WRITING AN ANNOTATED BIBLIOGRAPHY.

An annotated bibliography is a list of selected literature with critical comments related to a research topic. It generally includes books, scholarly articles, and other published material. The content of the selected literature items is summarised in critical annotations, which usually include an evaluation of their usefulness for the research purpose.

An annotated bibliography is presented in alphabetical order according to the authors’ surnames. The bibliography is a selection of good quality relevant material that is accurate, up­to­date, and generally peer reviewed. The length of each entry (annotation) may vary from a couple of sentences to a number of paragraphs. Check your assignment guide for clarification.

Content of a critical annotation

An annotation has two main sections:

  • the reference details (bibliographic information)
  • a description and comments on the material (annotation).

A critical annotation contains a summary of the content of each item in the bibliography. This should focus on the value of the material for the research topic in relation to:

  • its aims and philosophical or theoretical bases
  • how it adds to the research in the field
  • its place in—and relationship to—the wider field of research
  • the intended audience
  • the strengths and weaknesses of the source for your research purpose
  • if it is original, important and of a high standard
  • if the findings are sound, logical and well researched.

An annotated bibliography presents a quick and effective insight into some of the texts you have selected. Therefore, it should present a description and evaluation of each item, in addition to an indication of how that item contributes to your research topic.

Focus and language

The focus of annotated bibliography is on the source (‘the article outlines…’, ‘the book covers…’) and it is written in paragraphs with complete sentences, generally in the present tense. The language should be formal and objective, in an academic writing style.

In an annotation, you should summarise and comment on the content of the book or article, critically assess its relevance to your research, and identify its contribution to the general field of inquiry.

* See next page for a sample critical annotation.

Sample of a critical annotation

Look at this example of a critical annotation with some of the elements outlined. Each annotation (summary) in an annotated bibliography is usually around 200 words, although this may vary so you should check the assignment guide. Present your annotated bibliography in alphabetical order according to the family name of the authors.

Raghuram, S, Garud, R, Wiesenfeld, B & Gupta, V 2001, ‘Factors contributing to virtual work adjustment’, Journal of Management, vol. 27, pp. 383-405.  

Features                                                   Example                                                    Elements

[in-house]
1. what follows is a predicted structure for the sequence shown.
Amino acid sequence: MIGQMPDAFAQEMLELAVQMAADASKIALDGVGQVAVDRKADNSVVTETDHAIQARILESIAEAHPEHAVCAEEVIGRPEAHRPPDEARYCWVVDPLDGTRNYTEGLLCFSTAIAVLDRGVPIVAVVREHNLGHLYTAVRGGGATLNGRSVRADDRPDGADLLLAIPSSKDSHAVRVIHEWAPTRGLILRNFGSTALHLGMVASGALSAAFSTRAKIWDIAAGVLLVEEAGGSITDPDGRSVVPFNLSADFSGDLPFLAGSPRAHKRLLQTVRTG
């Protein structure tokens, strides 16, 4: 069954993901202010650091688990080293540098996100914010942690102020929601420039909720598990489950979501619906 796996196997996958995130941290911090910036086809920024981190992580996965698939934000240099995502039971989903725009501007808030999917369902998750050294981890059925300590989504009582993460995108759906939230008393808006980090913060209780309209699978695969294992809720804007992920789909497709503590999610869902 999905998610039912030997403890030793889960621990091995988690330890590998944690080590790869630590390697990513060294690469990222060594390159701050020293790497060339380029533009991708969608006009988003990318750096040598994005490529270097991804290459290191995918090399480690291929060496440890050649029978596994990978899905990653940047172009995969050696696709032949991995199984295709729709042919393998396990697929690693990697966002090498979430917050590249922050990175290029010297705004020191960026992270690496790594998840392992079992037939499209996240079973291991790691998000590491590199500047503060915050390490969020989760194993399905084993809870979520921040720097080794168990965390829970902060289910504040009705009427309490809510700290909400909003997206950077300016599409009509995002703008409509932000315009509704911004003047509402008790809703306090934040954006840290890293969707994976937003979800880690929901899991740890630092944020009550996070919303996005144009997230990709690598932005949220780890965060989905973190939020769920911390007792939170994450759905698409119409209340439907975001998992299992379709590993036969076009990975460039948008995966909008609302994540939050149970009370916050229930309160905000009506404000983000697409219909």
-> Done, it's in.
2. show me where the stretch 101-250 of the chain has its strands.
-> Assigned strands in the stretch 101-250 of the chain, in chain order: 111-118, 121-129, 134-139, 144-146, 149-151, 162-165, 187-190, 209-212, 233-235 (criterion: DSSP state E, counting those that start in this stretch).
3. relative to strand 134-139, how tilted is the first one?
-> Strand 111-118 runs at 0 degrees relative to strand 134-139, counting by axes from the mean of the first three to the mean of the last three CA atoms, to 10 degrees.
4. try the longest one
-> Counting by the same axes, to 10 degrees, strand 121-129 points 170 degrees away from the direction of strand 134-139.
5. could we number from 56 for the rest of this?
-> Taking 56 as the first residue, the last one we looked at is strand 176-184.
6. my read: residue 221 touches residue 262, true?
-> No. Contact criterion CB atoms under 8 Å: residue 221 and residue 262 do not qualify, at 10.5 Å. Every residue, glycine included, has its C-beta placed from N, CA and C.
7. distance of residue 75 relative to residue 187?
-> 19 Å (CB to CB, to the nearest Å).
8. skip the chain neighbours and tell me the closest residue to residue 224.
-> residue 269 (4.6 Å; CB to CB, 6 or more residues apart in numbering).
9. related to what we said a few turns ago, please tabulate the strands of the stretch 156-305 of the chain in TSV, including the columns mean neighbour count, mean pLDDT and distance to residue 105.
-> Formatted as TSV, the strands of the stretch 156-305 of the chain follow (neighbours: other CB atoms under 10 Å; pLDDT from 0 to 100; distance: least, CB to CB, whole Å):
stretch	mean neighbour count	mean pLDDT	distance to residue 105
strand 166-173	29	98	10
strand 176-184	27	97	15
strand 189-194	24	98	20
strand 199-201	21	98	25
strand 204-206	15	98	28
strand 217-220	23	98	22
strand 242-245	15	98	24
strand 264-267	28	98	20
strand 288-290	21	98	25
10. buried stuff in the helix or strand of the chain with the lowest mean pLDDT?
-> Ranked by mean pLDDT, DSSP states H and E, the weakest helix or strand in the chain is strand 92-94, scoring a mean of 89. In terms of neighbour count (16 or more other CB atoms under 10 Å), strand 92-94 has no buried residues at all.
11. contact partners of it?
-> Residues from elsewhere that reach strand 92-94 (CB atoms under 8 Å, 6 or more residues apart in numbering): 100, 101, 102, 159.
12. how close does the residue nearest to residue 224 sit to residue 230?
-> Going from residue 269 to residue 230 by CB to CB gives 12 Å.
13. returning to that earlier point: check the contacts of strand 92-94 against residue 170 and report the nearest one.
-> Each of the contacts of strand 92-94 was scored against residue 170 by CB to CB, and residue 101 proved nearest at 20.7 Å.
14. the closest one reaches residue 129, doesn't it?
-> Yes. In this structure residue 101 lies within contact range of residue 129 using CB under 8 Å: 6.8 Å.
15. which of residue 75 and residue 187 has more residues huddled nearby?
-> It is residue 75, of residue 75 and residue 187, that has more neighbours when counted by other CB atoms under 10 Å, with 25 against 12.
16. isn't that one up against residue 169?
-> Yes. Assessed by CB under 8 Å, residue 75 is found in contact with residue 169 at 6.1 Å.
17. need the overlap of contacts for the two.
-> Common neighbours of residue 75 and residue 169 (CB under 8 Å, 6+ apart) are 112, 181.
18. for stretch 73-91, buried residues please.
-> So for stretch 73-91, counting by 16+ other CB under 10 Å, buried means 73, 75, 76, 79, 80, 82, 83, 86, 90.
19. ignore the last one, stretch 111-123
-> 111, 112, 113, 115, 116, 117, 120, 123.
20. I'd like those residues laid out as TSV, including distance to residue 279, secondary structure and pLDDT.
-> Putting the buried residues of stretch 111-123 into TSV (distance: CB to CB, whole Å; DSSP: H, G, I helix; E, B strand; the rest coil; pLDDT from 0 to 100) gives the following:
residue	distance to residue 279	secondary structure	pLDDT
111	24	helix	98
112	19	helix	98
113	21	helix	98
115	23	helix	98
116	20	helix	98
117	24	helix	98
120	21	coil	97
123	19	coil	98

Starts with full bibliographic details of the text.*

Write a brief summary of the text. Be concise.

Write in complete sentences, in standard English.

Any information apparent in the title of the text can be omitted from the annotation.

Use the correct citation style.*

Provides a brief summary of the content, including the aims.

Outlines the most relevant findings and/or conclusions.

[Identifies research methods if applicable.]

The article explores the factors that facilitate or hinder employees’ adjustment when moving from a conventional office-based environment to a virtual work environment, whether situated distantly or at home. The article suggests that structural factors (such as work independence and clear evaluation criteria) and relational factors (such as feeling of trust in colleagues and management, and a sense of connectedness to the company) are key facilitators of successful adjustment. The researchers also explore aspects such as age, gender and experience of virtual work, as moderators of the key indicators.  

Mention only significant and relevant details.

Gives a critical evaluation of the article.

May include an evaluation of the methodology, findings and conclusions.

May identify possible limitations of the article or study.

The article provides a useful rationale explaining the basis of the study design. The results are supported statistically and graphic representations distil the important findings. While the research sample is large, however, and a representative cross-section of employees across genders, job categories and management hierarchy is used, it may be biased in the fact that the selection is limited to employees in the telecommunication industries. Furthermore, while all results correlate to measures of the employees’ adjustment to virtual work, the findings rest largely upon ‘self-perceived adjustment’. Whether or not this is a reliable and accurate measure of successful adjustment is not addressed.  

The annotation discusses only one text so there is no need to cross reference or use in­ text citations.

Indicates how this material may be relevant and useful for the writer’s research.

The finding that organisational connectedness is a powerful factor in the adjustment to virtual work for men has informed the present research on women in IT. The article is useful to my research topic as Raghuram et al. find that although a correlation between feeling connected to the company and successful virtual work adjustment still remains, it is much less significant for females. This potentially supports the notion that women are well suited to being the pioneers of the virtual work environment.  

* Use the referencing style specified for your course. Author–date (Harvard) citation is used here.